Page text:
The Community Foundation celebrates 60 years of the Atlanta region’s evolution
By Maria Saporta
Sixty years. That’s how long the Community Foundation for Greater Atlanta has been a conduit between philanthropists and local charities and initiatives.
The foundation celebrated “the Community that Philanthropy Built” at its annual meeting Monday at the Temple — complete with a hilarious improvisation act with two leading Atlanta actors and playwrights — Tom Key and Rob Cleveland.
It also was an opportunity for the community foundation to look back to its inception.
In 1951, it was created by what was then Atlanta’s four largest banks: Citizens & Southern National Bank, First National Bank of Atlanta, Fulton National Bank and the Trust Company of Georgia.
That year, the foundation donated $450,000 to nonprofits in metro Atlanta. And from 1959 to 1969, the foundation distributed a total of $3.4 million in grants.
By comparison, in 2010, the foundation distributed $99 million to an estimated 2,000 organizations primarily located in the 23-county Atlanta region.
The assets of the foundation also have bounced back to the $740 million after having dipped during the economic recession.
Alicia Philipp, who has been president of the Community Foundation for 34 years, said it took the organization 30 years to reach a $100 million endowment and the next 30 years to add more than $600 million to that endowment.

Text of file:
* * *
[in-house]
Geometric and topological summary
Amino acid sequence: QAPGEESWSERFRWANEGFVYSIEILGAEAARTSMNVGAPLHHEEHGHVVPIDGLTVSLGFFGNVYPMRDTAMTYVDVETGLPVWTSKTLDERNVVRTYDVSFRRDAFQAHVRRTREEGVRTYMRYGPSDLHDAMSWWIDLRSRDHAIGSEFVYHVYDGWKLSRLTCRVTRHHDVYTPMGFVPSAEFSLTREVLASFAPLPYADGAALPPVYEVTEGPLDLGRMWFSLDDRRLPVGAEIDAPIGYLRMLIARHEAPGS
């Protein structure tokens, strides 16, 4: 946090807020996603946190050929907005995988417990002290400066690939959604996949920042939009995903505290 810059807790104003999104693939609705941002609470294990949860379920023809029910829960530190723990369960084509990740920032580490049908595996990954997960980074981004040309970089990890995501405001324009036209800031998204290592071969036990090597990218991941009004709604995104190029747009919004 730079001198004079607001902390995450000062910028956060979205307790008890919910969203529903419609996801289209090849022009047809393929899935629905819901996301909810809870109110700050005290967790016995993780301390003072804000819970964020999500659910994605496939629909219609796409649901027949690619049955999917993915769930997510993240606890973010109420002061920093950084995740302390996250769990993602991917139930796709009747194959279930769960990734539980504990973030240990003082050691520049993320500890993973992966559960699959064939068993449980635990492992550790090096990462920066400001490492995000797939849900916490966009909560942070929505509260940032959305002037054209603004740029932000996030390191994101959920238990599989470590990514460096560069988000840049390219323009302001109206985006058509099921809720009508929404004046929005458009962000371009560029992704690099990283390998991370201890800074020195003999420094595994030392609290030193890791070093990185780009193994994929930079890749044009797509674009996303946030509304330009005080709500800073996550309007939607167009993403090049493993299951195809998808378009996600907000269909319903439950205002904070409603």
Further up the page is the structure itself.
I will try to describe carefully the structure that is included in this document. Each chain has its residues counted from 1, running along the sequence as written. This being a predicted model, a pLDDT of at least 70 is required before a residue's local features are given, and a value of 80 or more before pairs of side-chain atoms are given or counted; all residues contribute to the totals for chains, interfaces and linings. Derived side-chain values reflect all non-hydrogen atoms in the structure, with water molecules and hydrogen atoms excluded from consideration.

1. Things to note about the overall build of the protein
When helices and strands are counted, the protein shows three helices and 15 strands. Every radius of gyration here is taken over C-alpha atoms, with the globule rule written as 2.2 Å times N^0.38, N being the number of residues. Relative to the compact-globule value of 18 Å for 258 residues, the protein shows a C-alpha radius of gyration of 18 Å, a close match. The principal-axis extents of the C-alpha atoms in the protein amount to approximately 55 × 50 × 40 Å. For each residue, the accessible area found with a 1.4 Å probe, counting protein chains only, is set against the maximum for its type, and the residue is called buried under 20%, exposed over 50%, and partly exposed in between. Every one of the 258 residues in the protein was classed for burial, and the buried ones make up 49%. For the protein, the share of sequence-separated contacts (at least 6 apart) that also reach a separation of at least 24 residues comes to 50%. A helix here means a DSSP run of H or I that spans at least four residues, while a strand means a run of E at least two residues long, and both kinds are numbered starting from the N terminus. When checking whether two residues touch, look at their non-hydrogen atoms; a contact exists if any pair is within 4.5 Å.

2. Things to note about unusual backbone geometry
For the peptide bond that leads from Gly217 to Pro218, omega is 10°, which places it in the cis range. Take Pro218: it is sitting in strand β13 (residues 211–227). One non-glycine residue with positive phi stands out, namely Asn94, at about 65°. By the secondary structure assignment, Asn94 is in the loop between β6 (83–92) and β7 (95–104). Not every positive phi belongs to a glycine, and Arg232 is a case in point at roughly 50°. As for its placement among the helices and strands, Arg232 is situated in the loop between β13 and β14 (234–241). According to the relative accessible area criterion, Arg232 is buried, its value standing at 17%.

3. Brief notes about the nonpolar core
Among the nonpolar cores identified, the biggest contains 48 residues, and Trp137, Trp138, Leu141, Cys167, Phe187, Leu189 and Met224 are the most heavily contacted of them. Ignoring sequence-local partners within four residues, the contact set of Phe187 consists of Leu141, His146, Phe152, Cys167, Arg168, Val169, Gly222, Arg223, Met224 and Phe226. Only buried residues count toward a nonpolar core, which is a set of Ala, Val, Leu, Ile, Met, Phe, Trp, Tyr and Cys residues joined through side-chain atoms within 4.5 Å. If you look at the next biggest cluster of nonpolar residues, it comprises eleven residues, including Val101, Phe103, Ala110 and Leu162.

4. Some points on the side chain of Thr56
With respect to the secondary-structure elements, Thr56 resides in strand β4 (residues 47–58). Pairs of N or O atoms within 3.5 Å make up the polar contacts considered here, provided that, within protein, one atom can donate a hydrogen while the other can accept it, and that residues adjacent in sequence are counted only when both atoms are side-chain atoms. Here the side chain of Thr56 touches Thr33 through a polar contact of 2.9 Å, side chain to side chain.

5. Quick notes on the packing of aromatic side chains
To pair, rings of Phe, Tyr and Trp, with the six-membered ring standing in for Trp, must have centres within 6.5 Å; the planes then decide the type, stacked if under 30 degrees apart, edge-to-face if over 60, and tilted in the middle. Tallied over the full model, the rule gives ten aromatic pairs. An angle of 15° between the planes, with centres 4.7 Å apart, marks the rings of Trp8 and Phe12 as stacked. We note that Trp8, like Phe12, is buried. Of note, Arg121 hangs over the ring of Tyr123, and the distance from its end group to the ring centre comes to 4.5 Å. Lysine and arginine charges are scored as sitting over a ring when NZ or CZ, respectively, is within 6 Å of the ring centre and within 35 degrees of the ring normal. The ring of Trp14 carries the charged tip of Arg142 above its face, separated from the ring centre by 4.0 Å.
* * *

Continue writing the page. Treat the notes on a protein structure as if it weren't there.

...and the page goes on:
As customary at its annual meetings, the Community Foundation handed out its prestigious “Managing for Excellence” award. But for the first time, the foundation gave two awards — one to a smaller or mid-sized nonprofit and the other to a larger nonprofit.
The “Moving in the Spirit” dance company received the award in the smaller to mid-sized category; and CHRIS Kids, which works with young adults in need from the ages of 17 to 24, received the award for larger nonprofits.
But the highlight of the lunch was the Improv show that was coordinated by Kevin Gillese, director of the Dad’s Garage Theatre in Inman Park.
In a rare serious moment, Gillesee asked Cleveland and Key what philanthropy had meant to them.
Cleveland said as an associate artist with the Georgia Shakespeare said the theater company recently needed to raise $150,000 in a week just to survive. The community rose to the occasion with gifts large and small, and all the artists put on a benefit performance. They were able to raise $180,000 in time.
“The kids who gave us $2 bucks or $10 bucks, they are philanthropists,” Cleveland said.
Key, the executive artistic director of Theatrical Outfit, spoke of how Atlanta has matured as a city for the arts and theater since he moved here in the early 1980s — thanks to the many philanthropists who have given to cultural organizations during these past three decades.
“How different Atlanta is because of this investment,” Key said. “For me, a city evolves from a city to a great city when it’s not just a consumer of art but a creator…. It’s wonderful to be a small part of a great city expressing itself.”